Bringing the War Home: The Weather Underground at FortyHistorians/History
Forty years ago, the Revolutionary Youth Movement (RYM) faction of the Students for a Democratic Society (SDS) drafted a statement to be employed in a factional dispute with the Maoist Progressive Labor (PL) wing of the organization. At the June 1969 Chicago convention of SDS, the RYM group, now known as the Weathermen, expelled the PL wing and effectively dismembered SDS as a national student organization.
The Weather Manifesto—based upon lyrics from Bob Dylan’s Subterranean Homesick Blues (1965) that “you don’t need a weatherman to tell which way the wind is blowing”—assailed the Progressive Labor movement for failing to comprehend the revolutionary nature of global anti-imperialism in which American capitalism and empire were under attack in Cuba, Vietnam, Algeria, Bolivia, Angola, and throughout the Third World in conjunction with domestic revolutionaries such as the Black Panthers. Living in the belly of the beast, it was imperative that radicalized American students join the revolutionary struggle that would usher in the millennium of world communism. White youth would be radicalized to support black liberation through the example of the Weathermen renouncing nonviolence and joining the armed struggle against American imperialism.
The bellicose nature of the Weather Manifesto evoked considerable controversy then and now, as the radicals sought to embody their principles with the formation of revolutionary collectives that would “bring the war home.” In other words, the goal was to subject Americans to some of the violence and destruction inflicted daily upon the Vietnamese people. Terming themselves the Weather Underground, the New York City collective planned a bombing that would simulate the Vietnam experience by creating death and destruction during a military dance at Fort Dix in nearby New Jersey. Instead, on March 6, 1970 the bomb was triggered by accident, destroying a New York City town house where the explosives were being assembled. Dead in the explosion were Weather members Ted Gold, Diana Oughton, and Terry Robbins.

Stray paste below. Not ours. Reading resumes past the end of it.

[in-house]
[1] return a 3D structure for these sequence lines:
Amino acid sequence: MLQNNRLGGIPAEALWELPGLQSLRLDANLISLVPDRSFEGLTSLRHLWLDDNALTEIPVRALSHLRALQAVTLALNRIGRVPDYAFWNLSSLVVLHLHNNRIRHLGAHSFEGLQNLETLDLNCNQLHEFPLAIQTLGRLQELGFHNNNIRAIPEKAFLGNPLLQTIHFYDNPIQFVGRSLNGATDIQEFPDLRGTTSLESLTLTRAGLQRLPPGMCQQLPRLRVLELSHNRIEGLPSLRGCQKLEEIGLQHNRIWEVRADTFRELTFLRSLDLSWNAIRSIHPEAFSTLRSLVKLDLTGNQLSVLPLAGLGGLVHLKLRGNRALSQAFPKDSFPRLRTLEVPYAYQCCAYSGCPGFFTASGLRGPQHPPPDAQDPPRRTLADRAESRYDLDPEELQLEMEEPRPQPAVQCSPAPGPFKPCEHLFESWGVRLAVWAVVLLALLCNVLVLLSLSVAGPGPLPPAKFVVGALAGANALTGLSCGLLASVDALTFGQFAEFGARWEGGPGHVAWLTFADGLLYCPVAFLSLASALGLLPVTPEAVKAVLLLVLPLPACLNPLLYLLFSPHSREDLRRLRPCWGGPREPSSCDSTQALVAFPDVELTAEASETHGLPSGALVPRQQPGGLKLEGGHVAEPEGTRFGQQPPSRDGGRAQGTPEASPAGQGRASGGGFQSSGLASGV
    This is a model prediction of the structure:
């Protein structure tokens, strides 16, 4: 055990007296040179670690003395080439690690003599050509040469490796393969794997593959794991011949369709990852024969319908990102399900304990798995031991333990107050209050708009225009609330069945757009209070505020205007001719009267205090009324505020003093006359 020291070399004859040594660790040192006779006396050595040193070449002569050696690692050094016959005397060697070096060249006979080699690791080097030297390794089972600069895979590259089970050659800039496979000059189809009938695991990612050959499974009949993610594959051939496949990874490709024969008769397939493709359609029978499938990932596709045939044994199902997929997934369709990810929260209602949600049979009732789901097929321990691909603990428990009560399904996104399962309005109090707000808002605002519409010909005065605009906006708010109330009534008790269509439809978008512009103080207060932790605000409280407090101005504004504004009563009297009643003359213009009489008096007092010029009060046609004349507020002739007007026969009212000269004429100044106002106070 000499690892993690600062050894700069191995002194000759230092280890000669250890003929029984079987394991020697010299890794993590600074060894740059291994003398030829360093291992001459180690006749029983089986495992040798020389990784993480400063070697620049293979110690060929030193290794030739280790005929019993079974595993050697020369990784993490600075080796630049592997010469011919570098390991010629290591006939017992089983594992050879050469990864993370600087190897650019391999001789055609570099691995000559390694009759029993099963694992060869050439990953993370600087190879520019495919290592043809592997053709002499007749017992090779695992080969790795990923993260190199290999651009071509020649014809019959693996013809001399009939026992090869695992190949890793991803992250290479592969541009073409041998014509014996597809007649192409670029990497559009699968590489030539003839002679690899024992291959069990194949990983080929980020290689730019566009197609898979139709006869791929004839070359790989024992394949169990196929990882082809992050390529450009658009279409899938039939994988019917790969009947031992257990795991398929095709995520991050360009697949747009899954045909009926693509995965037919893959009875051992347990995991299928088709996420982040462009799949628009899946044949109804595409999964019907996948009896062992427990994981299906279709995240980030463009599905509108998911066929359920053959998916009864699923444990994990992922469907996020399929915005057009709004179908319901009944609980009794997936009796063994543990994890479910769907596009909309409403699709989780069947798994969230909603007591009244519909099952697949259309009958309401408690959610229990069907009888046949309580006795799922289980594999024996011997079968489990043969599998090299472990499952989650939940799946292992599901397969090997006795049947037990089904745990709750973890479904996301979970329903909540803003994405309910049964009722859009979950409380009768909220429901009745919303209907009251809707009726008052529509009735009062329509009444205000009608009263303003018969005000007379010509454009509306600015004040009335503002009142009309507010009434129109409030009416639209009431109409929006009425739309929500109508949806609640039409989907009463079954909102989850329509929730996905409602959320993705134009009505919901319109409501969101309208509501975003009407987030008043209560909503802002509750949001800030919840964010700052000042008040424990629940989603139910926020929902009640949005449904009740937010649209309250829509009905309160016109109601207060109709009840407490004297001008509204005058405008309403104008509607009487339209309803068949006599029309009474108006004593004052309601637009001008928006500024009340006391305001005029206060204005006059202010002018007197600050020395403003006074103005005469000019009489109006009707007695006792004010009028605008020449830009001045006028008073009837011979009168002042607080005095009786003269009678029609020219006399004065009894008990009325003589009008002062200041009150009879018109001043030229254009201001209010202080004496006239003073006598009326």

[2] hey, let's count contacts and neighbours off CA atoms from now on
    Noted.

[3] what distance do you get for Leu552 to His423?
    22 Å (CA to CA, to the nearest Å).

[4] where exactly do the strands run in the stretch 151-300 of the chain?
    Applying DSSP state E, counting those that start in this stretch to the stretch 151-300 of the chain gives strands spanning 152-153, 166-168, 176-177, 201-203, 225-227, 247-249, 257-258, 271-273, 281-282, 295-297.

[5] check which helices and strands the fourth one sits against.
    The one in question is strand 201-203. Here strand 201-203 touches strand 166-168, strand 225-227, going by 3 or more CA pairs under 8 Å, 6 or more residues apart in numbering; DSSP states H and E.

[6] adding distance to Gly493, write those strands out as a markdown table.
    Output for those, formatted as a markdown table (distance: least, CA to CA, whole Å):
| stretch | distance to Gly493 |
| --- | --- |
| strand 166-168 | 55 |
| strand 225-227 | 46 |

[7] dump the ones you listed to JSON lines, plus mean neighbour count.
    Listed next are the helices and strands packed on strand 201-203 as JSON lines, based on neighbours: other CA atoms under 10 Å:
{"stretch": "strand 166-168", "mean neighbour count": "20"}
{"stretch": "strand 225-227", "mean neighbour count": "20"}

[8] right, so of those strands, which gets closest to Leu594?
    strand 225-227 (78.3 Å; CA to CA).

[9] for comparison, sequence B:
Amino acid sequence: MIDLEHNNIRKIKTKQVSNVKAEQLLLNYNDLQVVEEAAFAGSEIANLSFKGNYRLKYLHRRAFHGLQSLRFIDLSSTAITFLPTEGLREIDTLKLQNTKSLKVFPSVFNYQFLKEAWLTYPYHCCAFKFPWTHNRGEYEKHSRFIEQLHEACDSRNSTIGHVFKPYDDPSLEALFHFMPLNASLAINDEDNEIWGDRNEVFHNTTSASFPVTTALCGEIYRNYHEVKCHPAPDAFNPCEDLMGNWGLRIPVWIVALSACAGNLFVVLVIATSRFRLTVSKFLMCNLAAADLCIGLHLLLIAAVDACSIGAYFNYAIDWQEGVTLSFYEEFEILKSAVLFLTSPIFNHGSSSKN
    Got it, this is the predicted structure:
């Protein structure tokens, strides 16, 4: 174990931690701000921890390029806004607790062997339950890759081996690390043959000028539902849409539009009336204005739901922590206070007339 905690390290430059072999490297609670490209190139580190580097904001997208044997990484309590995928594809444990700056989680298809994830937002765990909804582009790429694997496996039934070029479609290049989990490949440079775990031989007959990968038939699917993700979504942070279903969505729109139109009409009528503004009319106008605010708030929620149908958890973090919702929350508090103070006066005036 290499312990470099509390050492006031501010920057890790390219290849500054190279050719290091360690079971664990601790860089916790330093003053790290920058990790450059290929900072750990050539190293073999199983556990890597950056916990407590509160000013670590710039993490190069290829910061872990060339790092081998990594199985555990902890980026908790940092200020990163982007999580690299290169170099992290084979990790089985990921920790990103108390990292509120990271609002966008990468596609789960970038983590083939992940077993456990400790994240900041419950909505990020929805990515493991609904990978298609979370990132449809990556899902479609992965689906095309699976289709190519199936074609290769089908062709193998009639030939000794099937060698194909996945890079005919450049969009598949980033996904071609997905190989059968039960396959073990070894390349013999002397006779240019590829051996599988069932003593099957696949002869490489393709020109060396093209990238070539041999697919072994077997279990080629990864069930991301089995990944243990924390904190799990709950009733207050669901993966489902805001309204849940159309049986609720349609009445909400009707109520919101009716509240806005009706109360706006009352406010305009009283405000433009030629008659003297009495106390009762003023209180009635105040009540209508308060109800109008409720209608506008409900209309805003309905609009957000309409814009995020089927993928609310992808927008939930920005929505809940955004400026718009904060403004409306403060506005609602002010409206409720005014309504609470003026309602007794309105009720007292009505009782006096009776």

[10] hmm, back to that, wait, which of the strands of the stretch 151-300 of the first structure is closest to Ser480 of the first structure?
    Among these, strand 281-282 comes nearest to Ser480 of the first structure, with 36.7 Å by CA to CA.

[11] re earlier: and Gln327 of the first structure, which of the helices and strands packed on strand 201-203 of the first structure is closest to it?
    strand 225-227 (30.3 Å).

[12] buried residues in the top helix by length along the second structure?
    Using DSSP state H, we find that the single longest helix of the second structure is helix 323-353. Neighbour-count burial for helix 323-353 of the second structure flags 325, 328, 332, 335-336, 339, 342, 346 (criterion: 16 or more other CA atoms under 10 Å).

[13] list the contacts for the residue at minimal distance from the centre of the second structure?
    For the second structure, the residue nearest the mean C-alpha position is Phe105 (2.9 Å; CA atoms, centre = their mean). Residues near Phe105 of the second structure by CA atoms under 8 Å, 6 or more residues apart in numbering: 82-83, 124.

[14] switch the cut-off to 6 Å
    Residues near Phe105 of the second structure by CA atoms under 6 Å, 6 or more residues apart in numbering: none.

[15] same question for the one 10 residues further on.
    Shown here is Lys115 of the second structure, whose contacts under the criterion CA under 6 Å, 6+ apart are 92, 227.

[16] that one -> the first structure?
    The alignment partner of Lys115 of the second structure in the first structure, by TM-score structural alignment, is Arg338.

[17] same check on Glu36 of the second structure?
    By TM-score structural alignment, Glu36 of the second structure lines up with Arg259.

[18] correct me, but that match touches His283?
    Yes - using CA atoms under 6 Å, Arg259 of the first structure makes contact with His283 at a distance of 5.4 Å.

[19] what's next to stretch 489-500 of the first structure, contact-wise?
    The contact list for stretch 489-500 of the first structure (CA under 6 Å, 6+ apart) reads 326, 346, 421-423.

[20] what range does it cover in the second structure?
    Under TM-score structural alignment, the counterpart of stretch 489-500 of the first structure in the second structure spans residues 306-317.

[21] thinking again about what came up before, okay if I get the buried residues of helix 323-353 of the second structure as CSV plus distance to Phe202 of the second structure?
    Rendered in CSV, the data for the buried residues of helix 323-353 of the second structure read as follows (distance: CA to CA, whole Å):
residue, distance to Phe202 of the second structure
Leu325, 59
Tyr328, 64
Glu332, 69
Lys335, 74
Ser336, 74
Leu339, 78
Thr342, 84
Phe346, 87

Following this tragedy, the Weather Underground members re-evaluated their strategy. While not disavowing the principles of their Manifesto, the Weather Bureau, or leadership cadre, asserted that symbolic attacks against institutions and manifestations of imperialism such as military induction centers and government offices would galvanize the support of the American working class. Thus, the Weather Underground did not consider themselves terrorists as their goal was not to induce fear amongst the American people, but rather to demonstrate that it was possible to strike against the institutions and property of the capitalist “pig” state which sought global control over the working class and people of color. The Weather Underground conducted a series of bombings in the early 1970s which sought to symbolically bring the war home without the taking of human life. Warnings of impending explosions were provided to authorities in order to avoid the type of tragedy which occurred in the Weather town house explosion.